It's been an interesting week, and if you've been around here for a while you know that when I say interesting like this, I'm using the meaning inferred by the old Chinese curse of, "May you live in interesting times." While my computer was sleeping I was rather involved and, while so occupied, it made me think again of how important it is to be technically self reliant, like so many of us around here are or try to be.
Using just the last of a series of "interesting" events as an example, last night I hopped in my truck, an F150, turned the key and it cranked but would not start. A quick shot of ether confirmed it was a fuel problem and a brief search online pointed to a high probability of a fuel pump control unit failure which it turned out to be. This morning, while I was under the truck amidst the wet dirt (this is snow country) fighting corroded bolts, replacing the obviously damaged unit, (how it's been working up to this point is a question for another day), it felt good to be able to fix it.
As the economy continues to limp along in what's fast become the "new normal," those of you who don't have a well equipped tool box and the knowledge and skills to make use of it are at a huge disadvantage. While you may still choose to have someone else do the work because you feel your time is better spent elsewhere, in the example above, not only did I save the expense of a tow to the shop, a markup on the part and labor charges, just think of the time saved. A run to get the part plus an hour or so of wrench time and it's done.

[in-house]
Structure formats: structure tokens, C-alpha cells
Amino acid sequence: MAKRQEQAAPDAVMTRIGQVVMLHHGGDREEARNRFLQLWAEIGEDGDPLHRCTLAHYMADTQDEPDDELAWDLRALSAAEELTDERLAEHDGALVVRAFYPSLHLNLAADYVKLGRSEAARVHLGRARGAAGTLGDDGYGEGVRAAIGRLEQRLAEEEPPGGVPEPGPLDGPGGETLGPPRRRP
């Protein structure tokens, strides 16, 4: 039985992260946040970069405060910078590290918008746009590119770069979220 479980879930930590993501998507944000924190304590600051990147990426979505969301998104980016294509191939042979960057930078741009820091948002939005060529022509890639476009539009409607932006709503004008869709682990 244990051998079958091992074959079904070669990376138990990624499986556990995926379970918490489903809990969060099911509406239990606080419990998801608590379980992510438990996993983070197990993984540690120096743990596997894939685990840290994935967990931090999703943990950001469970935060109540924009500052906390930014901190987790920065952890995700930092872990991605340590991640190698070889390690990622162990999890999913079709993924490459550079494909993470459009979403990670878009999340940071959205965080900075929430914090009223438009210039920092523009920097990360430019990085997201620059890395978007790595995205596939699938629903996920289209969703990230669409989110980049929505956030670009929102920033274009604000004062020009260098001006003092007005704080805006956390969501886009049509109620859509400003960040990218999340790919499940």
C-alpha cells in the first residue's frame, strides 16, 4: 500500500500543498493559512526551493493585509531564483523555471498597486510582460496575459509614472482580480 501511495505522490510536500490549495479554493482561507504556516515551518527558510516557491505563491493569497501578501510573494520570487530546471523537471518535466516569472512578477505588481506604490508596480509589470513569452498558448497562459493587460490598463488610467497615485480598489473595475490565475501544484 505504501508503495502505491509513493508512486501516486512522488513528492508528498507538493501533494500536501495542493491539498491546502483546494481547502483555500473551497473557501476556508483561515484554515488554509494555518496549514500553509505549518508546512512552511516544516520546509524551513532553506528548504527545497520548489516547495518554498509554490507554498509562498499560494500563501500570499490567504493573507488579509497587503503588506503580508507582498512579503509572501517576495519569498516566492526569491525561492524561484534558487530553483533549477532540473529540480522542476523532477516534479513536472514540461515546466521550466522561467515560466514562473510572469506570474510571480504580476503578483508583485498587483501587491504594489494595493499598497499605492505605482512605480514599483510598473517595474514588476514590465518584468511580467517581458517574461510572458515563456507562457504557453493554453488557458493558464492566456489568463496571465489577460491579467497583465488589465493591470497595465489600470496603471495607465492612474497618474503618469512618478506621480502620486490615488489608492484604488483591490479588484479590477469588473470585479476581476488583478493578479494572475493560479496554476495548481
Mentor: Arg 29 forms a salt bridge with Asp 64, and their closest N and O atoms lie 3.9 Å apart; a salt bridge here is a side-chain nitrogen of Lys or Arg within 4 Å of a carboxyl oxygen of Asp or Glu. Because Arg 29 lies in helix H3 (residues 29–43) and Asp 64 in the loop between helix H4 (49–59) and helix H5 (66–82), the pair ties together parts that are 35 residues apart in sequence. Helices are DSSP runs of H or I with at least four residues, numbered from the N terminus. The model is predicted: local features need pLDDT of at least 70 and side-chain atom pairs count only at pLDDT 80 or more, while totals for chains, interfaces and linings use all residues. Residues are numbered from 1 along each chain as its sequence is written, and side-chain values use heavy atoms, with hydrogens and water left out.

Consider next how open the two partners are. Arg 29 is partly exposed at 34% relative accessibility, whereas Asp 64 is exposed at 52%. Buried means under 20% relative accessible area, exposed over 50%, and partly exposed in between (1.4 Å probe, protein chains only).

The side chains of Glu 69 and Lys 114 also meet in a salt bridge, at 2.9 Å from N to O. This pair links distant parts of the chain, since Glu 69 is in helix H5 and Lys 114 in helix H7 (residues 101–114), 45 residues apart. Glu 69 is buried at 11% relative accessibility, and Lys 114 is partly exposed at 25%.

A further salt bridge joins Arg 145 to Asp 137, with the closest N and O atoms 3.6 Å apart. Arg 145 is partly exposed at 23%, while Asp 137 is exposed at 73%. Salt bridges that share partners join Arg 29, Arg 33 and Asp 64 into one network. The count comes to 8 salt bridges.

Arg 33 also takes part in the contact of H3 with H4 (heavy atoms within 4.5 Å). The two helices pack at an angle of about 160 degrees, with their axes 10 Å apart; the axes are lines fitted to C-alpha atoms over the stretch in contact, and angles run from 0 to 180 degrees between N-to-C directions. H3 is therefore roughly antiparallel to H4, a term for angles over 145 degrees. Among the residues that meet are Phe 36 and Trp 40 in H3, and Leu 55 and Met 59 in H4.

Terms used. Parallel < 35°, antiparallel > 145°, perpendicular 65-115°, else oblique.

If you're one of those who may be a little short of cash right now, you don't need to invest in gold and silver or some other item all of the smart people advise you to buy, invest in tools instead. Invest in yourself, that's always a winner and you don't have to worry about someone mismanaging your account. Learn how things work and how to fix them when they don't. It's a form of wealth that can't be stolen or lost, you always carry it with you, the more you use it the more valuable it becomes and you don't pay a tax on the gains. Technical know how is almost priceless, plus you'll develop a fine appreciation for some of the most arcane tools that will have others scratching their heads wondering what on earth you could possibly do with it.
If you don't know more at the end of the day than you did when it started, what were you doing? If you were applying skills you already have, you sharpened them. If your skills are lacking you can learn. Turn off the TV, stay away from Facebook and skill up!